Hurray for Jas K. Polk!
Jimmy Jones Will Be A “Little Greasy Spot” ”

Blount County Tennessee
~ 1841 ~

© 1997, Frederick Smoot. All Rights Reserved.

County Tennessee cover.

Blue Circular Postmark:
       Maryville Te
Manuscript date:
       April 5 ,
Manuscript rate:

       Mail }
       Mr. J. H. Johnson, Madisonville E Ten

Maryville, Blount Cty State
April 4th /41
Dear Cousin
       I recd. yours yesterday explaining the reason why it was that you had not written to me sooner. You state that you went down into Polk County. Now Sir I did not think that a man So bitterly opposed to Polk as you are Could [have gone] into a county that was named after him but perhaps you like a good many others have changed and have come out in favor of Jas K. Polk. All that I have to say is that you might just as well if you have not done it for all your efforts to Carry Jimmy Jones through will all be in vain he cant Carry it against Polk. Polk will use him right up and leave nothing but just a little greasy spot.
       You state old Saml Johnston was imposed apon in taking that for Gold but that he would proced on either turn or Mr. Coldwell and send it to me. Jos I wish if you please you would use some exertions and try and get one of them to do it as soon as possible as he has my Receipt for 32.00 and Dr. Gillispie I have Doctor Gillispie for only 27 and therefore I am out 5.00 untill I get that a__ from your Grandfather. I hope he will get it soon and bring it in to you and you will please inclose it to me.
Now you say that the hens of your Cty have got to Laying 4 eggs a day and hatching out Chickens at night and have them Large enought a gainst morning for breakfast. I think your hens must let your Chickens grow pretty near as Large as themselves before they let them out. Or if that is not the cause of it, it must be because there is so much Wigging about your Cty that they just sic upon it and it is enough to Phisick or Stomach anything in Creation.
       You say that Jos Johnson Started Last Tuesday for the castion Cty. I am to inform you that J. J. W. arrived from the Cty on yesterday & Coming (but I suppose you saw him) he purchased a Large stock of Goods & Cheap goods and good. Goods and the Way we are giving to sell New Goods When they get there will be a sin to Davy Crocket [?].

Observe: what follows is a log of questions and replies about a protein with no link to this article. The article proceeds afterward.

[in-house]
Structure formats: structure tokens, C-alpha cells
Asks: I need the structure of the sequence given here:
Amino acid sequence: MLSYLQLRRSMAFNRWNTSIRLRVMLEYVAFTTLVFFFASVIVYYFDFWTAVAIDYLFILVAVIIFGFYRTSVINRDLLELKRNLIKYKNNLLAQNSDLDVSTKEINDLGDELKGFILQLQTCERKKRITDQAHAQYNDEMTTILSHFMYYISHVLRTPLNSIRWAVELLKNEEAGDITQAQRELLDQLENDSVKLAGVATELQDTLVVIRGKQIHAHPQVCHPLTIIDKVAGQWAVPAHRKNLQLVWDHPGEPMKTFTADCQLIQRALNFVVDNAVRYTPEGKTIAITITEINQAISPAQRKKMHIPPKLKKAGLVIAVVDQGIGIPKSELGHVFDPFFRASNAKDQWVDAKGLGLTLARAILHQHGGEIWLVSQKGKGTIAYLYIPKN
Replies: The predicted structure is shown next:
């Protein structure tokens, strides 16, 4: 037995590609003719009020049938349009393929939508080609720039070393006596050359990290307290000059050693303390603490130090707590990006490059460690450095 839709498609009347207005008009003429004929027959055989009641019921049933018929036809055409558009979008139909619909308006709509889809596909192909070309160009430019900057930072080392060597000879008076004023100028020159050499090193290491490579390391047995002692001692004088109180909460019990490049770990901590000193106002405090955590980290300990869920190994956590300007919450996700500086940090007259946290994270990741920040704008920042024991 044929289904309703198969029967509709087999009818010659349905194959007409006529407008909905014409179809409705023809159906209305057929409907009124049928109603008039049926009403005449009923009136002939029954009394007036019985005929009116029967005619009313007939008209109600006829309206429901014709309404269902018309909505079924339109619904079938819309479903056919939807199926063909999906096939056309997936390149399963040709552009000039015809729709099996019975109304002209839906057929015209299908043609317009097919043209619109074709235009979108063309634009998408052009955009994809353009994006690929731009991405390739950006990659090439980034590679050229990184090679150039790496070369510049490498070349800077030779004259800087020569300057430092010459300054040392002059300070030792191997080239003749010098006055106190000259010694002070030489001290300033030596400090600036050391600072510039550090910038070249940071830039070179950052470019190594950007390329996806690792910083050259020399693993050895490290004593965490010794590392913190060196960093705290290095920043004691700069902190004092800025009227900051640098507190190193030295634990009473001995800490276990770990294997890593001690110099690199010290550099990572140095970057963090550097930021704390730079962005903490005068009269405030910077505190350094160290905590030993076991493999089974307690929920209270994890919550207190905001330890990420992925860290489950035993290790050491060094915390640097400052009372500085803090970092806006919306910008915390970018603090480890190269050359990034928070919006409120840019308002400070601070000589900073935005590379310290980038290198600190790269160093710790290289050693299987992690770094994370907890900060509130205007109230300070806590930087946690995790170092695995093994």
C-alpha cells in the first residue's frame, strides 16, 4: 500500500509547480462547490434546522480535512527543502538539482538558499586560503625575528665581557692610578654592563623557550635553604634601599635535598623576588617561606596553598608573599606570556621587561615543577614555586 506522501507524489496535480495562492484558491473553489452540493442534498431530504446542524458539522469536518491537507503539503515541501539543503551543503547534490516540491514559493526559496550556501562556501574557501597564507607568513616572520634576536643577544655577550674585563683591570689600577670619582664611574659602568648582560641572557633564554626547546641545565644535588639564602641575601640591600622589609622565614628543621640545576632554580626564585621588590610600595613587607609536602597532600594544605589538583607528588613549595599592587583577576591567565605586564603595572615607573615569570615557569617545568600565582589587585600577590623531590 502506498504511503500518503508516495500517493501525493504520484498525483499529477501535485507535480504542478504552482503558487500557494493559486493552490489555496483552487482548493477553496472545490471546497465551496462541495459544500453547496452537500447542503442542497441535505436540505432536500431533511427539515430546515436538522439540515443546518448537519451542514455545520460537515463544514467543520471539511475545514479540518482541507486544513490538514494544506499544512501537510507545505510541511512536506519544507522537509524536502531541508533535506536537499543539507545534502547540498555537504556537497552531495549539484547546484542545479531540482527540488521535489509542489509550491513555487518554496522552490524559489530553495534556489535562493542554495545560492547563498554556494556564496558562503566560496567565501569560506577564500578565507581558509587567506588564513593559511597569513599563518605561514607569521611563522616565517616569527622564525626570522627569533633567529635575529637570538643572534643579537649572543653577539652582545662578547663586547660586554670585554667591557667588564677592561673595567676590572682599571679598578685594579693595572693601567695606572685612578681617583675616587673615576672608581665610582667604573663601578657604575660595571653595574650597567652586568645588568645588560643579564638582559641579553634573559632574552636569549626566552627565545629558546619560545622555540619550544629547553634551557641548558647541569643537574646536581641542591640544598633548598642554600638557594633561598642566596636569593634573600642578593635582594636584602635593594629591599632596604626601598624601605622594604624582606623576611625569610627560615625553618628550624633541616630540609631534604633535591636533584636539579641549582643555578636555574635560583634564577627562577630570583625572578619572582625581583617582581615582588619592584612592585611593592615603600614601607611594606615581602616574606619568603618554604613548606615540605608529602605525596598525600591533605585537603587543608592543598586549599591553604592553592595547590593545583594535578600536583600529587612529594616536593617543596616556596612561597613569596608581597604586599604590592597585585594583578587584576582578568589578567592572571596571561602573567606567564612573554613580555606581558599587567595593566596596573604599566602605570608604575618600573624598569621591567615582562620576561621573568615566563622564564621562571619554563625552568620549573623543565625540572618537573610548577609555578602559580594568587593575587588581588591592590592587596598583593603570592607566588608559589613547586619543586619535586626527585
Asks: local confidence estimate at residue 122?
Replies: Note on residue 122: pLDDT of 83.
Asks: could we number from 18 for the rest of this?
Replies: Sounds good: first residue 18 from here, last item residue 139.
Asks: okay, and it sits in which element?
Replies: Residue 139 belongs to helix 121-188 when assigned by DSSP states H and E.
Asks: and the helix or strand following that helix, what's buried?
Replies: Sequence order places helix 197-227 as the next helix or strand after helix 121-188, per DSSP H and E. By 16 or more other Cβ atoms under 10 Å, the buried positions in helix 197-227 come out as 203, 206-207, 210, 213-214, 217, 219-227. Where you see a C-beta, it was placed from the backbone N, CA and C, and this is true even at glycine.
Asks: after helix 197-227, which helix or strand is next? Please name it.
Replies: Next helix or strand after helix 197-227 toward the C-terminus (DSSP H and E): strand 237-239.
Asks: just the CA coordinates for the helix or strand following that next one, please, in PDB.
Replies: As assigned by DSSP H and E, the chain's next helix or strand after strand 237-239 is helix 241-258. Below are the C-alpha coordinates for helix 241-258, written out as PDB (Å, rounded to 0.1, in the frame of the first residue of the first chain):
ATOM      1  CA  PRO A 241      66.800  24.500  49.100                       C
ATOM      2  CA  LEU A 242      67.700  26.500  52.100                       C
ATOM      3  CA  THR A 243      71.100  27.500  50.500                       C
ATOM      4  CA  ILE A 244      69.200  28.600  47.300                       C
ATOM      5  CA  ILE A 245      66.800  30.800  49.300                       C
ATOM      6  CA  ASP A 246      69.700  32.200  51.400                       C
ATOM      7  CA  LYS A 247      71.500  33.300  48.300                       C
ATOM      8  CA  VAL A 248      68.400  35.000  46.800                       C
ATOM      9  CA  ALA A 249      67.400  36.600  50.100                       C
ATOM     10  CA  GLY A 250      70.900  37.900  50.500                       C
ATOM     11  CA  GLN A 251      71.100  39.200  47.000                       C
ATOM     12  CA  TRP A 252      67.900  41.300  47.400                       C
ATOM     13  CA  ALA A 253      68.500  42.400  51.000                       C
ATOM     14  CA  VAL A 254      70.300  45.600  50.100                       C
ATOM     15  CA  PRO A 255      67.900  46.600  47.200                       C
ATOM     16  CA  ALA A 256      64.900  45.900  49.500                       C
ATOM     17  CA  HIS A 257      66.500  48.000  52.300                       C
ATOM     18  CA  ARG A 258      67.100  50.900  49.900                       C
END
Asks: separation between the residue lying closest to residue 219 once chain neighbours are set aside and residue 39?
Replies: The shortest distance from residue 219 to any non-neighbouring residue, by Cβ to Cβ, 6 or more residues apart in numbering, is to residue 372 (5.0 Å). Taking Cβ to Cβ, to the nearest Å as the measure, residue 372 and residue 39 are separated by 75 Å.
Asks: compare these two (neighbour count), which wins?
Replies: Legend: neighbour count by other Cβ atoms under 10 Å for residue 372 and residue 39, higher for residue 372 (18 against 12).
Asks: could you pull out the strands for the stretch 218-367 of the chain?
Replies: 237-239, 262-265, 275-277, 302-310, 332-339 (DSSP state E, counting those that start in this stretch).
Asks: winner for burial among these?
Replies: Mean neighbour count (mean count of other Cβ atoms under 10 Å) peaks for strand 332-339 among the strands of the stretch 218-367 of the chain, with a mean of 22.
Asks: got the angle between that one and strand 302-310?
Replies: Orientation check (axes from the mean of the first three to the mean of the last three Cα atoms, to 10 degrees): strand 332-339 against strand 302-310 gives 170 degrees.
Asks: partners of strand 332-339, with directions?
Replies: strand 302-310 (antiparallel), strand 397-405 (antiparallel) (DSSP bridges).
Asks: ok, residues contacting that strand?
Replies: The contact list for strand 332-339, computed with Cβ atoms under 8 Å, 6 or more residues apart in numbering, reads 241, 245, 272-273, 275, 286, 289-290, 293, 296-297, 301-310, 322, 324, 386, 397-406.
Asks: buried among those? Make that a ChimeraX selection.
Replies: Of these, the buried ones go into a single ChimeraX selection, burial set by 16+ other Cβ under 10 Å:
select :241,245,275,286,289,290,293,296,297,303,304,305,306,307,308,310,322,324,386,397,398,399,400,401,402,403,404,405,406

Tell Francis that I should like very well to hear from him Shortly.
       There is nothing new in these parts.
       Diggins [Higgins?] folks are all well.
       if you don’t excuse bad handwriting you can just Let it alone for I don’t Care, but if you Cant read it, Just send it back and I will get it printed. Write to me by and by and give me all the News. I am not Morned yet but it is D---ed Uncertain how long it will be before I am if I can get any body in the same notion of myself let me know before you try the project and I will be with you the amount of the sobs this week $500000 that I think is coming, it with a Rush. Can you come up to that.
Nothing more at present but
Remains your
/s/ W. Anderson Walker
Hurrah for Jas K. Polk ---
he is going to Come. it is in these Posts with a perfect Rush. Wont he in Morning, be honest.
/s/ W. A. W.

       The author of this letter, W. Anderson Walker, was certainly aware of his “bad handwriting” as are we. Sorry about this, folks.

James Knox Polk, a North Carolina born Democrat, was governor of Tennessee at the time of the writing of this letter. “Jimmy Jones,” the “little greasy spot,” would be James Chamberlain Jones, a Whig, and the man who defeated James K. Polk two times in the bid for Tennessee’s governorship, in 1841 and in 1843. These two elections are considered to be the most colorful in the state’s history. The “wigging” in the letter refers to the Whigs, the conservative political party.
       James K. Polk went on to become Eleventh President of the United States ~ 1845-1849 Polk was highly favorable to westward expansion, asserting that Texas should be “re-annexed” and all of Oregon “re-occupied.” Because of Polk’s aggressive position, our nation today reaches from “sea to shining sea.” Polk, died in June 1849.

From the Collection of Frederick Smoot
Provenance: George E. Webb, Jr., 1997

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